Soil stores, moderates the release of, and cycles nutrients and other elements. During these biogeochemical processes, analogous to the water cycle, nutrients can be transformed into plant available forms, held in the soil, or even lost to air or water.
Nutrient cycling can be assessed by measuring the following indicators:
Fertility Indicators including mineral nitrogen, potentially mineralizable nitrogen, soil nitrate, soil test phosphorus, potassium, sulfur, calcium, magnesium, boron, and zinc
Soil Reaction Indicators including soil pH
Soil is the major "switching yard" for the global cycles of carbon, water, and nutrients. Carbon, nitrogen, phosphorus, and many other nutrients are stored, transformed, and cycled through soil.
Decomposition by soil organisms is at the center of the transformation and cycling of nutrients through the environment. Decomposition liberates carbon and nutrients from the complex material making up life forms-putting them back into biological circulation so they are available to plants and other organisms. Decomposition also degrades compounds in soil that would be pollutants if they entered ground or surface water.
Decomposition is a stepwise process involving virtually all soil organisms. Arthropods and earthworms chew the material and mix it with soil. A few fungi may break apart one complex compound into simpler components, then bacteria can attack the newly created compounds, and so on. Each organism gets energy or nutrients from the process. Usually, but not always, compounds become simpler after each step. The portion of plant and animal residue that is not broken down plays a crucial role in soil. It is transformed into the highly complex organic compounds called humic substances that can persist in soil for centuries and are important to soil structure and nutrient storage.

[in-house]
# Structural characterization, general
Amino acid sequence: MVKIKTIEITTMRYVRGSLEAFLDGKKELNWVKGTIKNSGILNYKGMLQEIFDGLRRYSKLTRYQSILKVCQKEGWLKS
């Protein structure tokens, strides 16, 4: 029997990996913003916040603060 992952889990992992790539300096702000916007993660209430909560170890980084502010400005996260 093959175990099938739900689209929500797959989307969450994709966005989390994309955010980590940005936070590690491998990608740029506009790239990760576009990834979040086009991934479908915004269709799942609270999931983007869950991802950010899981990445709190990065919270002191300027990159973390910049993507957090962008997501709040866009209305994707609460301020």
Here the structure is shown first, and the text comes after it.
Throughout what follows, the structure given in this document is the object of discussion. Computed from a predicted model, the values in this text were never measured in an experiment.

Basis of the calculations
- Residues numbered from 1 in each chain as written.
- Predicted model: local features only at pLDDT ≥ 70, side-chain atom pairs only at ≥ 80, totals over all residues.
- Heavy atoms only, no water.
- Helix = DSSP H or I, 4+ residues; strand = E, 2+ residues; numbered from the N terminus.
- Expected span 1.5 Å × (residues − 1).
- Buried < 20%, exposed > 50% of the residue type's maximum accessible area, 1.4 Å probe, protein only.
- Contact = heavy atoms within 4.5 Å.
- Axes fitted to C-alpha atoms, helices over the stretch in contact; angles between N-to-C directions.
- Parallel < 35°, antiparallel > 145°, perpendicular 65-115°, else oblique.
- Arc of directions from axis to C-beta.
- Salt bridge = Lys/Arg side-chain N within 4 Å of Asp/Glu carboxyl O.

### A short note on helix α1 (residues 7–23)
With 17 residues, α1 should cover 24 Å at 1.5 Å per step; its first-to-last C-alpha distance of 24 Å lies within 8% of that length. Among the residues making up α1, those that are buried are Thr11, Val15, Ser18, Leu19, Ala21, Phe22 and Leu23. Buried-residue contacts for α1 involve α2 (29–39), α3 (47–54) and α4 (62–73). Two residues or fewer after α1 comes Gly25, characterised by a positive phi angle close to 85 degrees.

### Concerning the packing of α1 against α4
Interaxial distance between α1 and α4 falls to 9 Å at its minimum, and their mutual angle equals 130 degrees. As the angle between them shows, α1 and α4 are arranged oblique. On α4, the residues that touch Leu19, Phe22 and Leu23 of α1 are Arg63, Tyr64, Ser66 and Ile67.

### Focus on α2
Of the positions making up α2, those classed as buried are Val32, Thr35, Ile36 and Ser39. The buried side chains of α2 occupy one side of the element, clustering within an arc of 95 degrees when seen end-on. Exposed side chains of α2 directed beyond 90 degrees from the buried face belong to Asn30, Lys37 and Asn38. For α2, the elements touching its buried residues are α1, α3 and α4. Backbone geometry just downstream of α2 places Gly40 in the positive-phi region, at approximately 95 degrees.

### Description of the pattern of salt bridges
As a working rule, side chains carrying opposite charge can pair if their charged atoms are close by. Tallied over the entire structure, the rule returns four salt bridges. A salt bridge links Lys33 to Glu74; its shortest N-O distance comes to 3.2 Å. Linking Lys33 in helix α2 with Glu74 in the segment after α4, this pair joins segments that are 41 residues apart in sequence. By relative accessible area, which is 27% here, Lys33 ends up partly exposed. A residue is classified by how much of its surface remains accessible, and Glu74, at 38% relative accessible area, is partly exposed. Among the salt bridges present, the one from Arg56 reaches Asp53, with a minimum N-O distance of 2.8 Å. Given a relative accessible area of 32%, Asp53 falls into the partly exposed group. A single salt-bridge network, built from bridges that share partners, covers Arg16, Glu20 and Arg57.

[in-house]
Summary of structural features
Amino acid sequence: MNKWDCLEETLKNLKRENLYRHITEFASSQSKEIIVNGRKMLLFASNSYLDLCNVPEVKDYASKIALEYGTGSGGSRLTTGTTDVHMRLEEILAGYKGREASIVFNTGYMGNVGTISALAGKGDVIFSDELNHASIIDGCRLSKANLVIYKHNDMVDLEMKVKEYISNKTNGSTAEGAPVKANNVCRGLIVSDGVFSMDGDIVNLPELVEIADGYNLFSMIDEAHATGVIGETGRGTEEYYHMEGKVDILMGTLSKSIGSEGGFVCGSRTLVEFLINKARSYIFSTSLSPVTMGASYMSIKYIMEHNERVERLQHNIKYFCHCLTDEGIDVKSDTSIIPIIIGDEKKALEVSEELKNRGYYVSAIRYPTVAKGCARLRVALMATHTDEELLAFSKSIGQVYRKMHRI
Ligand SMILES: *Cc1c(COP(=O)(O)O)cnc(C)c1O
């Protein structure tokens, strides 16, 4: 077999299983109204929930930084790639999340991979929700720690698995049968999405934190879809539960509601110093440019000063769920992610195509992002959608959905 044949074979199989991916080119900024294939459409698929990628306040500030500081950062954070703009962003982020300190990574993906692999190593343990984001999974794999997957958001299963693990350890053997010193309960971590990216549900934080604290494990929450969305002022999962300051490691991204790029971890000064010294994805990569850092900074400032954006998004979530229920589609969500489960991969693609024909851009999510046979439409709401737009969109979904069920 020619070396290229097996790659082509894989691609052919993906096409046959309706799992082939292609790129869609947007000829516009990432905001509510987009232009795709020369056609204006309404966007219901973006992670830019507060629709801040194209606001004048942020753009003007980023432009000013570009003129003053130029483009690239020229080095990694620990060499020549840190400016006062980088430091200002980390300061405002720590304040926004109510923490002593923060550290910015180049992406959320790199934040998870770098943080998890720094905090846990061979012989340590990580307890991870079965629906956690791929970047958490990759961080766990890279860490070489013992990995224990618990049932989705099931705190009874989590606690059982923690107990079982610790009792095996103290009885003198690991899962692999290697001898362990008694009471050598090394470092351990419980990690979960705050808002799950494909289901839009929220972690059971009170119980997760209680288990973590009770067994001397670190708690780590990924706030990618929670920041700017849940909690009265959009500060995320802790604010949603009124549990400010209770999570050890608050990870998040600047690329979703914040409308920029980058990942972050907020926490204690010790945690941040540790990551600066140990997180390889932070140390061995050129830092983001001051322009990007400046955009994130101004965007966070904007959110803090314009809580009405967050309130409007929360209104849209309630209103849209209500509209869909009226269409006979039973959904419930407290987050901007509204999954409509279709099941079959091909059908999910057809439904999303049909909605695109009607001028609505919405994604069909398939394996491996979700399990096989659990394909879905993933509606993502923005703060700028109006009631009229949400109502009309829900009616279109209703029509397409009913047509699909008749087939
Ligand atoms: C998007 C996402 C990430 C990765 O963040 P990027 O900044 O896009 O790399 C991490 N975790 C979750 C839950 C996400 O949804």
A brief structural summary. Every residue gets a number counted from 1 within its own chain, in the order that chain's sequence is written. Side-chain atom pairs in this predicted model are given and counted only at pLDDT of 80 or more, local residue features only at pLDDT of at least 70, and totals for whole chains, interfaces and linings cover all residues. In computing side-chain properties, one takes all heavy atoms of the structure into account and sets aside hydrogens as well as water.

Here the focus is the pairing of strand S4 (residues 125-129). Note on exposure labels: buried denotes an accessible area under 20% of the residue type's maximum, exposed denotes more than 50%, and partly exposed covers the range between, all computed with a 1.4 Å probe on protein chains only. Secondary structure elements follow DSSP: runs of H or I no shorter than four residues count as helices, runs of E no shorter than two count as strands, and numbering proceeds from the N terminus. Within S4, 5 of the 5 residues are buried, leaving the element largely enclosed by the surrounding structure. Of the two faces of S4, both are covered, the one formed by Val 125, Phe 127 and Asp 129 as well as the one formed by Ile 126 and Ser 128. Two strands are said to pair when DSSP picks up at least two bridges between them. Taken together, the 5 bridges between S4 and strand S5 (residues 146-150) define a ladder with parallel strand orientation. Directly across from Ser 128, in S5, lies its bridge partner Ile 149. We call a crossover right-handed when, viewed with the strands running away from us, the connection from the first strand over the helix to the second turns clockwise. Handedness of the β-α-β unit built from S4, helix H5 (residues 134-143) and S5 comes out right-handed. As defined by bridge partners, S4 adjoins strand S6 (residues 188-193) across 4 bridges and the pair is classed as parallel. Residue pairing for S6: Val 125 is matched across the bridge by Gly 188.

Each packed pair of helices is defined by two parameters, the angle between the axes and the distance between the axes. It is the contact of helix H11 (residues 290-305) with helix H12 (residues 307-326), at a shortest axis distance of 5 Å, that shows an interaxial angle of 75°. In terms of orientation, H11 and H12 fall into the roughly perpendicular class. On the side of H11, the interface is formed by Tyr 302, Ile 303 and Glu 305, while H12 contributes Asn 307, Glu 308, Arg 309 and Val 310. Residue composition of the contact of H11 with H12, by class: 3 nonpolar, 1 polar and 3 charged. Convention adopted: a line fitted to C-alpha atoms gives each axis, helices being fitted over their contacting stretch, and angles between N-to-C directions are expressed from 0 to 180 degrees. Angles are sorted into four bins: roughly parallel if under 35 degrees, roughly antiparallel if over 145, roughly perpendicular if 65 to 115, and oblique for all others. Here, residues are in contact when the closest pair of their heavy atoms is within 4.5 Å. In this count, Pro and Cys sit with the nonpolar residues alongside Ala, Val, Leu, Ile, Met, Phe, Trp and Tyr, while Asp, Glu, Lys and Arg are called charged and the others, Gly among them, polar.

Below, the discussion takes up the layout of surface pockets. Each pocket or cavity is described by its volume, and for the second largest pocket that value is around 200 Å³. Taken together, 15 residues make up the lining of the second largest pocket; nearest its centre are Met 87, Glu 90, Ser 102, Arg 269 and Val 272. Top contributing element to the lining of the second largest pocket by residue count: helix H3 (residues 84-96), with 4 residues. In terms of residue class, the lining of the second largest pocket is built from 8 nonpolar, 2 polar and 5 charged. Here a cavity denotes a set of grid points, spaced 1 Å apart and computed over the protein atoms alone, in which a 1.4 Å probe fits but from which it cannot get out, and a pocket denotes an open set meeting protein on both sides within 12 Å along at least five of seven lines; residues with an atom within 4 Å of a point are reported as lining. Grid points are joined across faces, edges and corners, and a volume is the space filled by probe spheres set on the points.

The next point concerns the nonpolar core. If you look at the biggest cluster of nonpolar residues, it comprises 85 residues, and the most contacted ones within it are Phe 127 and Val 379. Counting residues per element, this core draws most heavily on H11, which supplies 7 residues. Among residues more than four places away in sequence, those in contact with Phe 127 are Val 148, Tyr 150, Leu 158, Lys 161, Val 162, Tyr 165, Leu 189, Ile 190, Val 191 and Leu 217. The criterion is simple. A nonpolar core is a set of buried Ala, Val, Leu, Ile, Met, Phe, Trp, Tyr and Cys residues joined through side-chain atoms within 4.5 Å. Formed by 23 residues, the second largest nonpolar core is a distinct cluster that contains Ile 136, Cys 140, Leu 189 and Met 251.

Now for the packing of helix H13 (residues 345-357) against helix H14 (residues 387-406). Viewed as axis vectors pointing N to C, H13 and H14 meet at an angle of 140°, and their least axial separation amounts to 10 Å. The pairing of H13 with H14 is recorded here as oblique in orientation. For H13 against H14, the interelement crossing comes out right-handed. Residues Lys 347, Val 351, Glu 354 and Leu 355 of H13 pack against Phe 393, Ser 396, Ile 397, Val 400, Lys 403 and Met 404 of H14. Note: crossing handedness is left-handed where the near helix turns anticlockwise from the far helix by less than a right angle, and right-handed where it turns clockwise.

The carbon cycle illustrates the role of soil in cycling nutrients through the environment. More carbon is stored in soil than in the atmosphere and above-ground biomass combined. Soil carbon is in the form of organic compounds originally created through photosynthesis in which plants convert atmospheric carbon dioxide (CO2) into plant matter made of organic carbon compounds, such as carbohydrates, proteins, oils, and fibers. The organic compounds enter the soil system when plants and animals die and leave their residue in or on the soil. Immediately, soil organisms begin consuming the organic matter, extracting energy and nutrients and releasing water, heat, and CO2 back to the atmosphere. Thus, if no new plant residue is added to the soil, soil organic matter will gradually disappear. If plant residue is added to the soil at a faster rate than soil organisms convert it to CO2, carbon will gradually be removed from the atmosphere and stored (sequestered) in the soil. Cultivation aerates the soil, triggering increased biological activity, and therefore rapid decomposition, loss of soil organic matter, and release of CO2 into the atmosphere. Most soil carbon losses occur in the first several years after cultivation begins, as took place in many U.S. soils in the 1800's. Farmers and other conservationists are interested in reversing that effect and increasing the amount of carbon stored in the soil. In general, reducing tillage can increase the extent of carbon sequestration and the amount of organic matter retained in the soil.